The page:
Hop on Interstate 25 in Denver, drive an hour north and you'll find yourself in the middle of one of the country's fastest-growing regions: Northern Colorado. But where exactly does it start? Where does it end?
Earlier this month, we invited six residents from Fort Collins, Greeley, Evans, Loveland and Wellington to KUNC's offices to help answer that question.
The group consisted of students, longtime residents and a local city councilwoman. We also invited Colorado's state demographer to weigh in.
The assignment: Illustrate where the region starts and ends on a blank map of Colorado.
The findings surprised us. No two maps were the same. Residents had a wide set of opinions on what cities, counties and landmarks formed this part of the state. Culture was also a big factor. So were family ties.
Ava Guzman, Student, Wellington
Guzman started by marking a few landmarks on the map, including a movie theater in Denver, KUNC's offices in Greeley and her home in Wellington.
She drew a simple orange line to divide north and south.
Blake Coontz, Student, Fort Collins
Coontz, a student from Fort Collins, took a similar approach. She started by drawing a dotted line across the state.
She added a few personal touches, including a circle around Steamboat Springs, where her family goes to celebrate Father's Day. Blake also traced her dad's truck route (he's a driver) between Fort Collins, Colorado Springs and Greeley.
Her family went on a road trip to California earlier this year, so she made sure to highlight Interstate 70 (not a part of Northern Colorado) with an orange marker.
Rodney Ley, Assistant director of Campus Recreation at Colorado State University, Fort Collins
Ley's map was the most detailed of the bunch. He started by drawing a red line down the middle of Weld County, which included the area east of Greeley. His southernmost border stopped at the communities of Dacono and Firestone and did not include Longmont or Boulder.
To the west, Ley encircled Estes Park. But he left out nearby public lands, including Rocky Mountain National Park. In his eyes, the western border of Northern Colorado is the border between Larimer and Jackson counties.
Ley also said communities such as Red Feather Lakes and Pierce "would not consider themselves" part of Northern Colorado. He drew small red circles to exclude them.
Areas he shaded in blue, including Boulder and Denver, are places he would not consider to be Northern Colorado.
Kathi Wright, Loveland City Council member, Ward 2, Loveland
Wright said her definition of Northern Colorado is simple: Fort Collins, Loveland, Greeley and the smaller communities in between, like Windsor and Timnath.
"Because we all talk to each other and work together," Wright said. "When we have regional elected officials meetings, those are the (places) that come together."
Cristóbal (Chris) Garcia, Co-creator of Latino Northern Colorado podcast, Evans
Garcia's map included Fort Collins, Loveland, Greeley, Boulder, Commerce City, Fort Morgan and Brighton.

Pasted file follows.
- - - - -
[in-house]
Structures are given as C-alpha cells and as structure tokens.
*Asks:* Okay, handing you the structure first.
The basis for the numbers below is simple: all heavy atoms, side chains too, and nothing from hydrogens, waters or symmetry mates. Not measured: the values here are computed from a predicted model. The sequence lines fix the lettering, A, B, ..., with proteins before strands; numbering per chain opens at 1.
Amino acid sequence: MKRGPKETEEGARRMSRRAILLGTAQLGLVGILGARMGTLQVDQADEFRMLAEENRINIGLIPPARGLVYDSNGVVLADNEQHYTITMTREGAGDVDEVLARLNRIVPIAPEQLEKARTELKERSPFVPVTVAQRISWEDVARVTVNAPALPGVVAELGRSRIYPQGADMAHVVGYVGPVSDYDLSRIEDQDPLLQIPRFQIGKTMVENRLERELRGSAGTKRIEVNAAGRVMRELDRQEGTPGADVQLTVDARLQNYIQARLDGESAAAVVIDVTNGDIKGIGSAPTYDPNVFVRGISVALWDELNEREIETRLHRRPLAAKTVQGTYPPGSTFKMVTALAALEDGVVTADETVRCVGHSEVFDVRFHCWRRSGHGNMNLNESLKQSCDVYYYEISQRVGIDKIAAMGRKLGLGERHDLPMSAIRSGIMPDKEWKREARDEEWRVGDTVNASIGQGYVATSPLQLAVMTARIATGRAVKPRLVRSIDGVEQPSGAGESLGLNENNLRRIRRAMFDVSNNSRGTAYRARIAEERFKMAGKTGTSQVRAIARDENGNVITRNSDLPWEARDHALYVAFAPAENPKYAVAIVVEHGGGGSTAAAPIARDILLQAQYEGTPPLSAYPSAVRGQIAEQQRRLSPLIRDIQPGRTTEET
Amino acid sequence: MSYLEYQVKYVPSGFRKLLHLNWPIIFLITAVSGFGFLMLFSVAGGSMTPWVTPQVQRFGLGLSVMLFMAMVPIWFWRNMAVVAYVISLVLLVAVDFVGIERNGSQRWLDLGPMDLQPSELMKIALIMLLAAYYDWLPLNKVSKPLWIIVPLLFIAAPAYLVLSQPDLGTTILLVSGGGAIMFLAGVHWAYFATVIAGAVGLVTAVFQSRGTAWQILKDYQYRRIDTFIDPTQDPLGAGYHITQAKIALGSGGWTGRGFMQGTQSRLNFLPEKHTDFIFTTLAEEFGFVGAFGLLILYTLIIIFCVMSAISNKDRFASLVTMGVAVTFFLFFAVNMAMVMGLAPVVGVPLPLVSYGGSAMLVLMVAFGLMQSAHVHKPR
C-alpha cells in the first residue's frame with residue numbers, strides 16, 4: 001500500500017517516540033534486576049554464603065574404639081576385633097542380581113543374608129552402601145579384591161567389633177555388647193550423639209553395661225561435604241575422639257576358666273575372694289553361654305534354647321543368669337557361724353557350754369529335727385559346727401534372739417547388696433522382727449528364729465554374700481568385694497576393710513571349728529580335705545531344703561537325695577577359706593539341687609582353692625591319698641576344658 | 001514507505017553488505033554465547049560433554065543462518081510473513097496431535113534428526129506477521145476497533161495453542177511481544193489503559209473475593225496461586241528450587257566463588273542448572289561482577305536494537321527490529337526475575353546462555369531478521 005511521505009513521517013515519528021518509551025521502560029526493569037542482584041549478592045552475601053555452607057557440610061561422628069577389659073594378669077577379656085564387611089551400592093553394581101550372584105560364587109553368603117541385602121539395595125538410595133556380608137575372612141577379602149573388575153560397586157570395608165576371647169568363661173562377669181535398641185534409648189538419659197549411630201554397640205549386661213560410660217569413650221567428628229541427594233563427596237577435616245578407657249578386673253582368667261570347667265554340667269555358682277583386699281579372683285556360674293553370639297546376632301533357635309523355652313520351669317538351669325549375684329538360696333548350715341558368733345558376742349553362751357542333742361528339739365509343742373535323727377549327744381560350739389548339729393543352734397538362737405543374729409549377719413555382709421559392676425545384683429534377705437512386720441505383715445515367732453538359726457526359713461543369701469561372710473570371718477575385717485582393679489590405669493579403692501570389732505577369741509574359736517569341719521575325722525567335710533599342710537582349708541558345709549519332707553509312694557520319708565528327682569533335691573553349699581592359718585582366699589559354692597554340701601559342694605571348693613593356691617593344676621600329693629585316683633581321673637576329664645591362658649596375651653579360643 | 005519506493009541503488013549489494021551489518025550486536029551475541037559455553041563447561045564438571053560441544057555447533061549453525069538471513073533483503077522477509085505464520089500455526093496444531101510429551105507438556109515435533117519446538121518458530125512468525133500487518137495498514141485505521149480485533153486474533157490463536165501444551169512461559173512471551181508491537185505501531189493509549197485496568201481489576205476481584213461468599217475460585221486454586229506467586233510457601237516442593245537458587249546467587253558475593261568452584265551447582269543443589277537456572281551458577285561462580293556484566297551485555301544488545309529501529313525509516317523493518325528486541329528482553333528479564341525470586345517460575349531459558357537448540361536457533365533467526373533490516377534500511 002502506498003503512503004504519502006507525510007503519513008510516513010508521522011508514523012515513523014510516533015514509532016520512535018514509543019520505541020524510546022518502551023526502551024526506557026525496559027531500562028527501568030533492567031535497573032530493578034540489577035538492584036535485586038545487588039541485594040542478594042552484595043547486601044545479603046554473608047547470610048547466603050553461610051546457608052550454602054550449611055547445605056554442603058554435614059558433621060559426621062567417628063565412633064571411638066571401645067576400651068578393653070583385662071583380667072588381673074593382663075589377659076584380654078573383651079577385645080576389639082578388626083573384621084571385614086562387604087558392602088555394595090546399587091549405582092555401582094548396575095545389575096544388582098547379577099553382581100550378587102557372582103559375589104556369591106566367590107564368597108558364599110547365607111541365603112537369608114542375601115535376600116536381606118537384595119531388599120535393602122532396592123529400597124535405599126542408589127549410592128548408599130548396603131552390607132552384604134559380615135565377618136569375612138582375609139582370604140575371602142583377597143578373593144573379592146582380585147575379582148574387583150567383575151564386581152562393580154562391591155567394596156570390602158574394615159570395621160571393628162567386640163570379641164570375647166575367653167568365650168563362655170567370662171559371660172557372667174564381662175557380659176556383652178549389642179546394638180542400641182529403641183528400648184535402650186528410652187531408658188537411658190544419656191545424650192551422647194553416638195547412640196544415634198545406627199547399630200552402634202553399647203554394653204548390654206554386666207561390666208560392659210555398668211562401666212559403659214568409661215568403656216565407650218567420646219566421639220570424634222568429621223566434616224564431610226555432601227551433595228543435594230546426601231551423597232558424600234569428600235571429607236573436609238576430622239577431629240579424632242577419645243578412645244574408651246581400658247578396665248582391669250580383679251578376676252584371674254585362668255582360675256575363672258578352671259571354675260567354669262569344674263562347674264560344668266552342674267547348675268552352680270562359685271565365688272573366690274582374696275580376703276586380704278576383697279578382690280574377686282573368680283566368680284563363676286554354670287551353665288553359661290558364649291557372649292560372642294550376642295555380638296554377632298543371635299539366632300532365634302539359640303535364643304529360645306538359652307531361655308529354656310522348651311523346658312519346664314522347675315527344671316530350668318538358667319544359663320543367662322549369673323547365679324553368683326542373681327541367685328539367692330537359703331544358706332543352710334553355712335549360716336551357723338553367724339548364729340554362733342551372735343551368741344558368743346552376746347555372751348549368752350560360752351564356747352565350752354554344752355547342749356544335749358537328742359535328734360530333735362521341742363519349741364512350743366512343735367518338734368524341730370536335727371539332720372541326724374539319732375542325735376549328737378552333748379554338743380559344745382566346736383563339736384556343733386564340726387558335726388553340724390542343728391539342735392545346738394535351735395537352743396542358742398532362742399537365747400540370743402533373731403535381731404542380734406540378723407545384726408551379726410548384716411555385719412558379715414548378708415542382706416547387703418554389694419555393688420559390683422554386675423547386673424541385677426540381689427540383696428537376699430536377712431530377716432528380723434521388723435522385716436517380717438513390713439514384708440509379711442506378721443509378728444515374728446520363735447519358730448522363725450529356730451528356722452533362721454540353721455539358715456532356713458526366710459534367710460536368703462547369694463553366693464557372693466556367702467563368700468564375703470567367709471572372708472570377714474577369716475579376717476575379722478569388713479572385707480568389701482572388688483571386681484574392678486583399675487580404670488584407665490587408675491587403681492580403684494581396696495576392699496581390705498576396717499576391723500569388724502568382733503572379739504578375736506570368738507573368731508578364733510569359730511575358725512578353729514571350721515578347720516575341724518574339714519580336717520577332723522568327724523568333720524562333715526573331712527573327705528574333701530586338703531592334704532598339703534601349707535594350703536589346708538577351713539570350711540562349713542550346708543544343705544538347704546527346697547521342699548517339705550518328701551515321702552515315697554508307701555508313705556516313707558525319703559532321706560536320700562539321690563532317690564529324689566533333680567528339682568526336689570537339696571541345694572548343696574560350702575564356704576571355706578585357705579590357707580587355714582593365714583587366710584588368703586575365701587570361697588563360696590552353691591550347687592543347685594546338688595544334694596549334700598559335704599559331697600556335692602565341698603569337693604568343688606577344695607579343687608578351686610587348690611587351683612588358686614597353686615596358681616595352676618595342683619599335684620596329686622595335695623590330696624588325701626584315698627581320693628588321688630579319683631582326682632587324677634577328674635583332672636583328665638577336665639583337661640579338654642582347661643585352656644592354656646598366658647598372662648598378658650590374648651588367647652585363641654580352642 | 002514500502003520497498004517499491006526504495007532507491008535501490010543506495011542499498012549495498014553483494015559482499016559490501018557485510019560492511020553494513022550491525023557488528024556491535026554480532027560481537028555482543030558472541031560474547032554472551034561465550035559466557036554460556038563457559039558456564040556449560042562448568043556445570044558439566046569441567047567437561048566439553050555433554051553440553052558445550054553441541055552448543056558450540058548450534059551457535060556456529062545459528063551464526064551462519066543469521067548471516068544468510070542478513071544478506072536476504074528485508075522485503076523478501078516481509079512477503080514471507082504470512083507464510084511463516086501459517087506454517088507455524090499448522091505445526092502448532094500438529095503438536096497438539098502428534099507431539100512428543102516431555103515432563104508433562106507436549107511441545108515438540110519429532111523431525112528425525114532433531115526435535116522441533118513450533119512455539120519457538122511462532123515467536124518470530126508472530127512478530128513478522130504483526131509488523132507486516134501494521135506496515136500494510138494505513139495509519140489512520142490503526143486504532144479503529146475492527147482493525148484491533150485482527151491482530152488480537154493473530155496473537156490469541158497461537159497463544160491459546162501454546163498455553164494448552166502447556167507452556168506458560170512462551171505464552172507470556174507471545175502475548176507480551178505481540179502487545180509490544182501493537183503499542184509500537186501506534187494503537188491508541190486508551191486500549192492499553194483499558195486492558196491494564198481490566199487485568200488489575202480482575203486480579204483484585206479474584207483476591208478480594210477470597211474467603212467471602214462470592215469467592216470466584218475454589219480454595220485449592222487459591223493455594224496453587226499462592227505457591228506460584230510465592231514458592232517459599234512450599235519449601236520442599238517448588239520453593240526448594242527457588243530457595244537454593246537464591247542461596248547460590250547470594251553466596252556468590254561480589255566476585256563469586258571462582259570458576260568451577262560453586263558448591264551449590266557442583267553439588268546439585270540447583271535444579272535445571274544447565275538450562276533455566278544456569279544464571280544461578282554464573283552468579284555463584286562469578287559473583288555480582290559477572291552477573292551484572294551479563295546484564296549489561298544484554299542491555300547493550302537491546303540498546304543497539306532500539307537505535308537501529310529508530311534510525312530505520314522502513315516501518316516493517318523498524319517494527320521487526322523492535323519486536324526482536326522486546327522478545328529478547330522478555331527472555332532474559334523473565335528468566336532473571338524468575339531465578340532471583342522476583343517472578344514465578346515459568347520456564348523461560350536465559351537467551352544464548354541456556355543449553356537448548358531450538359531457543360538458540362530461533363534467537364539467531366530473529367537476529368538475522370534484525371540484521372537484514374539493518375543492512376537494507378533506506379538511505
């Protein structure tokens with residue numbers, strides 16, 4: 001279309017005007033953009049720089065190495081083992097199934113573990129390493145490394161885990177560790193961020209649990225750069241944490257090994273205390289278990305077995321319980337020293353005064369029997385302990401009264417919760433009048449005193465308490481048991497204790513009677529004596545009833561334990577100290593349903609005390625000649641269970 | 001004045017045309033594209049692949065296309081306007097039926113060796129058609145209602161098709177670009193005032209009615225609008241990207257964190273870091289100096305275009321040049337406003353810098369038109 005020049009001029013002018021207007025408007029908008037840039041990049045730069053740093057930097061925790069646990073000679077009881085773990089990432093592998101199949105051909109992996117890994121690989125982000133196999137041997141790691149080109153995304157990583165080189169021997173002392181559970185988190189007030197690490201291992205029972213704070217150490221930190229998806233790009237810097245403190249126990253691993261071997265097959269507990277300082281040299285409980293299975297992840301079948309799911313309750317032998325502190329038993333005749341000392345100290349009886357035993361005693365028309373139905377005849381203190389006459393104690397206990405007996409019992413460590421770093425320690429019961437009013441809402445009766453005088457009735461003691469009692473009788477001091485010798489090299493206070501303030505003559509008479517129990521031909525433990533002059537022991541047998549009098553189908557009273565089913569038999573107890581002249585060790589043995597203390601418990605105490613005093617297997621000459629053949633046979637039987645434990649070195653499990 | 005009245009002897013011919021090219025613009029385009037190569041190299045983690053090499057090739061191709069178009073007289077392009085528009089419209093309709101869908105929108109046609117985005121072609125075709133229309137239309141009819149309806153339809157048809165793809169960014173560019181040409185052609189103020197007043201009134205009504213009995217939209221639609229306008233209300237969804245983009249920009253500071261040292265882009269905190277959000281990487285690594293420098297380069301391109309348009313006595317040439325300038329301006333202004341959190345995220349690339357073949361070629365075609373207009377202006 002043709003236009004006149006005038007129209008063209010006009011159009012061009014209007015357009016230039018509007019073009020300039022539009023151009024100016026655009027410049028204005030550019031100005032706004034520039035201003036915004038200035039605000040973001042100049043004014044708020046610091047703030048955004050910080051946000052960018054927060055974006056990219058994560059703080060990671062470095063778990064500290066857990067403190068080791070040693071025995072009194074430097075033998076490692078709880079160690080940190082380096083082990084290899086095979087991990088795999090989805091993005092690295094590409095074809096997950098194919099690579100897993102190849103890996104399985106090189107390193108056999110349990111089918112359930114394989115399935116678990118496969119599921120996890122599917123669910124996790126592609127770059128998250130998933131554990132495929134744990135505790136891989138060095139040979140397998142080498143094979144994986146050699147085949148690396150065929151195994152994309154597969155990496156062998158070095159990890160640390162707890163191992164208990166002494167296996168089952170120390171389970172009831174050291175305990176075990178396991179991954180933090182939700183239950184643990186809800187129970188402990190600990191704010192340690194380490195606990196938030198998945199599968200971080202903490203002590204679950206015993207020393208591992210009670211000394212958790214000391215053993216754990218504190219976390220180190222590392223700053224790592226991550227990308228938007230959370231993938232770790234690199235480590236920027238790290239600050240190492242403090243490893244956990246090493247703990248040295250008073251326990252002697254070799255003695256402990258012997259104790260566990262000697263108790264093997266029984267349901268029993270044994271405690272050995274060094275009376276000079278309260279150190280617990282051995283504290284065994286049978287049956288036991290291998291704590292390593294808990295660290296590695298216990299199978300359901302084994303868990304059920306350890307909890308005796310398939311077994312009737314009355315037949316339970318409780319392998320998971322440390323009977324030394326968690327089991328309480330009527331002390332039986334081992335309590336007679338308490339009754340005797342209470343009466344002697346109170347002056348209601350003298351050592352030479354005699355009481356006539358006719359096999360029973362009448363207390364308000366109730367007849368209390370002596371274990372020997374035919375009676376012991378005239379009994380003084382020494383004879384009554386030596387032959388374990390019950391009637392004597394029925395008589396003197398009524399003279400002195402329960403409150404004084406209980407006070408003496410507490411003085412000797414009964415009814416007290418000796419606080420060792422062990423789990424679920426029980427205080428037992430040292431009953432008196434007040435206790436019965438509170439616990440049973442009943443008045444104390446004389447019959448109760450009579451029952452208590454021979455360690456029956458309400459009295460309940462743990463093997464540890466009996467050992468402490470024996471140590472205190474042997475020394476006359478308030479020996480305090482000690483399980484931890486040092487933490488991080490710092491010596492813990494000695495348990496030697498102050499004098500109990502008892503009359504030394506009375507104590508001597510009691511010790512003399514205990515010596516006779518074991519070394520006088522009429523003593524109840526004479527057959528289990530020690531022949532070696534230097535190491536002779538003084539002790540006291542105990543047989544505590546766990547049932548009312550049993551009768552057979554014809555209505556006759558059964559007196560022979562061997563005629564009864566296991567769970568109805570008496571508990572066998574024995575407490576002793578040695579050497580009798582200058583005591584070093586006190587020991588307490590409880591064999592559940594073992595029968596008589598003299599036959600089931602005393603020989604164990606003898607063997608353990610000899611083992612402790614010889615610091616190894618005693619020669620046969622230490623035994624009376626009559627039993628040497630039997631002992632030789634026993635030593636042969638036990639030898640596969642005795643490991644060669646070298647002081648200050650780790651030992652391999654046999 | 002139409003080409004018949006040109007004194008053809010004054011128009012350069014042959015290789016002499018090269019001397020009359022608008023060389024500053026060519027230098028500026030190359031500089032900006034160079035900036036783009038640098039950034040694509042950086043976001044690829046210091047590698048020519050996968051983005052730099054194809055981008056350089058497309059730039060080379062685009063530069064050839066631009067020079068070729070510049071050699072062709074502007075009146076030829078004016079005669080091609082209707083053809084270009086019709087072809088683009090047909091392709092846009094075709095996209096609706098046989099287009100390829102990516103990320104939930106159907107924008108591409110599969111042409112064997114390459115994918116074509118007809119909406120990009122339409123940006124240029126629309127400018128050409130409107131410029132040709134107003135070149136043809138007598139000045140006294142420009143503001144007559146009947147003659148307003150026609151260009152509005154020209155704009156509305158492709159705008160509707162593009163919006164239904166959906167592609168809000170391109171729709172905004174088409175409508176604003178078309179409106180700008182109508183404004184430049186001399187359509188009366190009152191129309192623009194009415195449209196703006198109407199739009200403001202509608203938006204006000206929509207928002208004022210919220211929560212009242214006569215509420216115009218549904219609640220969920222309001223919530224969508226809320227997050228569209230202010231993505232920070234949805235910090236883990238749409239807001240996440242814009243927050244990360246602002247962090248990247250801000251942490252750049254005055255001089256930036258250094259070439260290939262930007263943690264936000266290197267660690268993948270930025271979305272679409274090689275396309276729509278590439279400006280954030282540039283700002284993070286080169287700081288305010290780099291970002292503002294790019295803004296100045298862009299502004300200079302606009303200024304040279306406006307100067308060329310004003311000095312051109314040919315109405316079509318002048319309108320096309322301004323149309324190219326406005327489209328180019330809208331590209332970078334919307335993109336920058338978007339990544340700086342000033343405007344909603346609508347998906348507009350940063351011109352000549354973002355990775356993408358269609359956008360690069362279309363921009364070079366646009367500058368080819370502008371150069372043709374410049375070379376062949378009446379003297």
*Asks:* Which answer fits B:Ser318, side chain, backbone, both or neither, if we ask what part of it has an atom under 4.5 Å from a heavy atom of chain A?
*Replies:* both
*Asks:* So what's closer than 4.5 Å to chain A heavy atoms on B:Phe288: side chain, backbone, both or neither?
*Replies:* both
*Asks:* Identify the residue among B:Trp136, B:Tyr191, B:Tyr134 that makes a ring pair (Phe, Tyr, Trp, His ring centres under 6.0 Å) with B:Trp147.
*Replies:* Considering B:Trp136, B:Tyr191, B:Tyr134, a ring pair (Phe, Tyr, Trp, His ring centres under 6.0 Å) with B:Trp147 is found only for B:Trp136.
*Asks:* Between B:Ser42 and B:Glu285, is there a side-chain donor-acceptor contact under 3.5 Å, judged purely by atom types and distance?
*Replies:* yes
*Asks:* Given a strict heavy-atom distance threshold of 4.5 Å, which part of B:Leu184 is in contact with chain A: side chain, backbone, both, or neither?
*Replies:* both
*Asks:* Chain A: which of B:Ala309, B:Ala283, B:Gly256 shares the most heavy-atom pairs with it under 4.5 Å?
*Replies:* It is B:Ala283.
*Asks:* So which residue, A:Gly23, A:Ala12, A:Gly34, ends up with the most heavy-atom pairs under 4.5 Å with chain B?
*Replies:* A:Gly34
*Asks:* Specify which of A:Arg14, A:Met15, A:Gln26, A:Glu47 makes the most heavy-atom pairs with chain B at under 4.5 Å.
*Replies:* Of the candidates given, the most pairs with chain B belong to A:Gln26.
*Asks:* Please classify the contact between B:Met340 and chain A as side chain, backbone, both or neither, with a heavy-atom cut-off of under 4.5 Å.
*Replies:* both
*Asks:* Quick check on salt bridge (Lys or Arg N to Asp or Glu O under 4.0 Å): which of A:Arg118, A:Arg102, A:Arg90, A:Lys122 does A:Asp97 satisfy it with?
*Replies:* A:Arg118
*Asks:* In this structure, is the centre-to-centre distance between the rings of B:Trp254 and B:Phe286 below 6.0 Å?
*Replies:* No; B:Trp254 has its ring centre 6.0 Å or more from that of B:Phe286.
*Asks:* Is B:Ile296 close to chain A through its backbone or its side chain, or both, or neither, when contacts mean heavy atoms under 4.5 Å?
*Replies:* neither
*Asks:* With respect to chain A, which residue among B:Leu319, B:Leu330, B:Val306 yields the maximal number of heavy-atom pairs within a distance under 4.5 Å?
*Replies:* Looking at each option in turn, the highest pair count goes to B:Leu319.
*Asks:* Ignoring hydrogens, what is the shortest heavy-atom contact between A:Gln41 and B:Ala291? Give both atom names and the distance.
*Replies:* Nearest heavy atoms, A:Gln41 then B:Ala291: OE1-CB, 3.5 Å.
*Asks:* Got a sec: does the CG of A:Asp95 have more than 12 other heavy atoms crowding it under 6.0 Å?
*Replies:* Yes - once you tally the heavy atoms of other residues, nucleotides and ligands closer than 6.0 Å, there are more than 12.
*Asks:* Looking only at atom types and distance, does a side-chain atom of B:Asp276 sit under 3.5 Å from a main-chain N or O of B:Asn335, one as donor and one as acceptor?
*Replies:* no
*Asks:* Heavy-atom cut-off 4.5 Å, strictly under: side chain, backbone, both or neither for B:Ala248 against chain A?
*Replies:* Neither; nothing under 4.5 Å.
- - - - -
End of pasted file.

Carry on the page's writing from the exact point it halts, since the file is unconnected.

People living in the smaller area (shaded blue) may or may not not feel like they're a part of Northern Colorado, he said. Same goes for the Commerce City area (shaded green).
"I would add that I think Northern Colorado should include any cities or communities that feel like they are Northern Colorado," Garcia said. "Let's be inclusionary and invite folks to join us as we become a very powerful region in our state."
Kate Stahla, Student, Greeley
Stahla grew up in Loveland and prefaced her drawing with a disclaimer:
"I feel like Northern Colorado is a fancy made up word sometimes," Stahla said. "It's not really a region — it's a mentality."
With that in mind, she drew a simple orange border roughly around Larimer and Weld counties.
"It goes all the way up to the Wyoming border because it's the north of Colorado," she said. "But it's not North Colorado. That's a different thing."
Elizabeth Garner, Colorado state demographer, Denver
The state demographer's office puts together population forecasts for cities and regions across the state. So, we asked Garner to be our resident geography expert.
Her office defines Northern Colorado as simply Larimer and Weld counties. That's because of the population data available.
"I know a lot of people are much more interested in cities than they are in counties," Garner said. "But counties have the best level of data."
First, she looked at each guest's drawing and assessed its "accuracy." She picked Rodney Ley's detailed drawing as her favorite.
"Just because I like detail," Garner said. "It was pretty clear and tried to define inside and outside."
Then, she drew her own.
Garner said "about 600,000 people" are expected to move either to Larimer or Weld County between now and 2050. The estimate is based on estimated job growth. By 2025, Weld's population will surpass Larimer's in size, she added.
There's also enough physical space to grow.
"Weld is a big county and it's got a lot of area," she said. "It's got transportation corridors and there's a lot of leadership that's been looking at where Weld County fits into the big picture."
Garner's big takeaway from the experiment was that it's "really, really" important to think about the language we use to define parts of the state.
A lot of discussions are happening around the region's future transportation, water and infrastructure demands. And they need to be well informed, she said.
"When I say Northern Colorado, I know exactly what I'm talking about," Garner said. "But knowing that other people define it differently has been a good lesson. It's something we could easily spend more time talking or thinking about."